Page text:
To be more precise: the first cycle consists of (1) recognition of sin, in the prayers “cleanse our hearts” and “Lord, have mercy upon us”; (2) proclamation of grace in the New Testament readings, epistle and gospel; and (3) four responsive exercises of faith – testifying (“I believe”), learning (the sermon), giving (the collection), and interceding for the church on earth.
The second cycle involves us in (1) acknowledging personal sin in the confession, (2) being assured in the comfortable words of the grace of Christ to sinners; and (3) actively embracing that grace (by the Prayer of Humble Access in 1549,4 by the Sursum Corda thanksgiving in 1552).
In the final cycle we come as self-identified sinners to “God’s Board,” as 1549 calls it: we are given the elements with words that assure (“the body … given for thee”, “the blood … shed for thee”), we receive them with faith in the redemptive reality they signify, and we express that faith in further gratitude for grace in our post-communion praying.
Whether the consecration prayer (the canon) is best made part of the second cycle, as in 1549, or the third, as in 1552, England’s 1662, and Canada’s 1962, and whether 1962’s other differences from 1549, 1552 and 1662 are defects or improvements, is of no consequence or relevance in this analysis, and I mention these questions only to dismiss them.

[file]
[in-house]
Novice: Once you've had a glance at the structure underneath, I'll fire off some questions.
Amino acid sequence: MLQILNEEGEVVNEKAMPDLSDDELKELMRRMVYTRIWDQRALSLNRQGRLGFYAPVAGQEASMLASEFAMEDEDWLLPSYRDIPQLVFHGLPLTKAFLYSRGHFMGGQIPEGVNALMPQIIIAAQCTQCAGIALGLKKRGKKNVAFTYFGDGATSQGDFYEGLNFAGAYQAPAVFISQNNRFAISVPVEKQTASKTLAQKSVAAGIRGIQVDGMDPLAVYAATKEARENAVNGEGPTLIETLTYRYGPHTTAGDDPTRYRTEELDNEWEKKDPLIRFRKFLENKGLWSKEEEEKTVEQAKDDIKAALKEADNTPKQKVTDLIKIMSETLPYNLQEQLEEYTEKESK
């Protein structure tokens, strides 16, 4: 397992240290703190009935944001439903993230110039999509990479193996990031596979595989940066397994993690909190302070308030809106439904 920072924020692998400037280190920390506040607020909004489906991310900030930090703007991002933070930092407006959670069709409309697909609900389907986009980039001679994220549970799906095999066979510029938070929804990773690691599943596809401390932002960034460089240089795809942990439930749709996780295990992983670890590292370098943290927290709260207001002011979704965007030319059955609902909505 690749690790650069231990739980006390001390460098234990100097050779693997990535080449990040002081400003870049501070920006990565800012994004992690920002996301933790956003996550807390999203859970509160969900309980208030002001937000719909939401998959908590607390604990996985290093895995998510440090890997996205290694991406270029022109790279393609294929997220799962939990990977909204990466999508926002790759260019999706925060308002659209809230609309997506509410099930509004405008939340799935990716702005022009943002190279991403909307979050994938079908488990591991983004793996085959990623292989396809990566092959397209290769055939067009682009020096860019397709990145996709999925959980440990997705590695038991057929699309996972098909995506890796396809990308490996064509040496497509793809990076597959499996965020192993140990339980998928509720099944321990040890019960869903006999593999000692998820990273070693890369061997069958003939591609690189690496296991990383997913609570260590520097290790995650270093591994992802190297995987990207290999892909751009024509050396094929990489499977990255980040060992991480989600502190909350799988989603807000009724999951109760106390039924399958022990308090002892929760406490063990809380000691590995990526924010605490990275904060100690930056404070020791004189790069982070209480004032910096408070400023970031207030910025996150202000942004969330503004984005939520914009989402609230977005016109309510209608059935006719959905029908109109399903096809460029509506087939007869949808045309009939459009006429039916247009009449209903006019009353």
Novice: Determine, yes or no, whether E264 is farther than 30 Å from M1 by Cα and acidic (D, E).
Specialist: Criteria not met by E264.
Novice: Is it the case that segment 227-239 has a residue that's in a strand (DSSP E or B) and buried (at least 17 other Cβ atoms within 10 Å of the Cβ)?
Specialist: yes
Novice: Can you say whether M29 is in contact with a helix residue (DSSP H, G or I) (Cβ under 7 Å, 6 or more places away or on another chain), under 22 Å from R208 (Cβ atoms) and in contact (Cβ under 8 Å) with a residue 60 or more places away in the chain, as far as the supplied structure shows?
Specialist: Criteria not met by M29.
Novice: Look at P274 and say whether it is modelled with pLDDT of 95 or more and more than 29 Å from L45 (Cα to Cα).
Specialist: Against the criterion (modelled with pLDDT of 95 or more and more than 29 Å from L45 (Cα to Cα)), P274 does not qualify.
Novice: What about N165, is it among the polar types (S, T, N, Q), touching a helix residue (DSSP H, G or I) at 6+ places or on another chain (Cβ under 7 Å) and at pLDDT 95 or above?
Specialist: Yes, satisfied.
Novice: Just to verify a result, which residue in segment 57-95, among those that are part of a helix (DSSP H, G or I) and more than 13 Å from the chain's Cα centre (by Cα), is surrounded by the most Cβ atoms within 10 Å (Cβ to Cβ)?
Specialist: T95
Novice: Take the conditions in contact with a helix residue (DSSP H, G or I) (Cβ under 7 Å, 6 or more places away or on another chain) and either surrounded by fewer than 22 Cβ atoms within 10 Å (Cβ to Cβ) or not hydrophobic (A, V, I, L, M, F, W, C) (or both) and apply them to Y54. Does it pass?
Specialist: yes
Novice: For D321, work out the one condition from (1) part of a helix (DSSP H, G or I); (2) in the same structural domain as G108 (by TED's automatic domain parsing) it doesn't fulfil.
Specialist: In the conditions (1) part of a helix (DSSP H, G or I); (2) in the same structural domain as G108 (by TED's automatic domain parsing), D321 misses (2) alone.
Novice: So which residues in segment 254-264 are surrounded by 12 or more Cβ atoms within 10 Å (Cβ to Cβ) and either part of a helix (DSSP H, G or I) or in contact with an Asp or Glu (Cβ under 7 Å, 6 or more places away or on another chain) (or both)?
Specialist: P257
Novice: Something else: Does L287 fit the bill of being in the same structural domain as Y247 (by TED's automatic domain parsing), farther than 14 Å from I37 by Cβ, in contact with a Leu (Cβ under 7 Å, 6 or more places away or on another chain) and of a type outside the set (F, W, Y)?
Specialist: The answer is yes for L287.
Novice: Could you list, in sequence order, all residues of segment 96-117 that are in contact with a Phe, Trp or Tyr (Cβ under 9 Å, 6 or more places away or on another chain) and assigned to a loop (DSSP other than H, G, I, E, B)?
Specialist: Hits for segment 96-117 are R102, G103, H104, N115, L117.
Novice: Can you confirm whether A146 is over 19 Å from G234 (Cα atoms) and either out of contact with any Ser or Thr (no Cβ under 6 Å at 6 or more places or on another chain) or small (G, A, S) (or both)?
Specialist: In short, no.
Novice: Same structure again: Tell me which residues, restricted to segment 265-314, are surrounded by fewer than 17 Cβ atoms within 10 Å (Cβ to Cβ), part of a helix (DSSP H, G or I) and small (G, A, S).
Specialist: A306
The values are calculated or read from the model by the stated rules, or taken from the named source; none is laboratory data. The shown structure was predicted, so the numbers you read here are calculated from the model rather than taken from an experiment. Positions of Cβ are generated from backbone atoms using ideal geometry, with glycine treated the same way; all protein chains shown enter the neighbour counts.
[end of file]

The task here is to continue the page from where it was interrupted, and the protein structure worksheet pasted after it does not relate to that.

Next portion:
Time forbids further exploration of the way Cranmer used his threefold sequence in constructing his services, just as it forbids us to confirm our results so far by theological analysis of the Collects, those profound prayers that Cranmer provided for each week of the year. That will have to wait for another occasion. But I hope I have said enough to indicate, at least in a preliminary way, how by observing the five principles under review Cranmer was able to mastermind a Christ-centred liturgy that marvellously matches and furthers God’s plan for the church as Paul set its out in Colossians 2: 6-7. Now to my conclusion.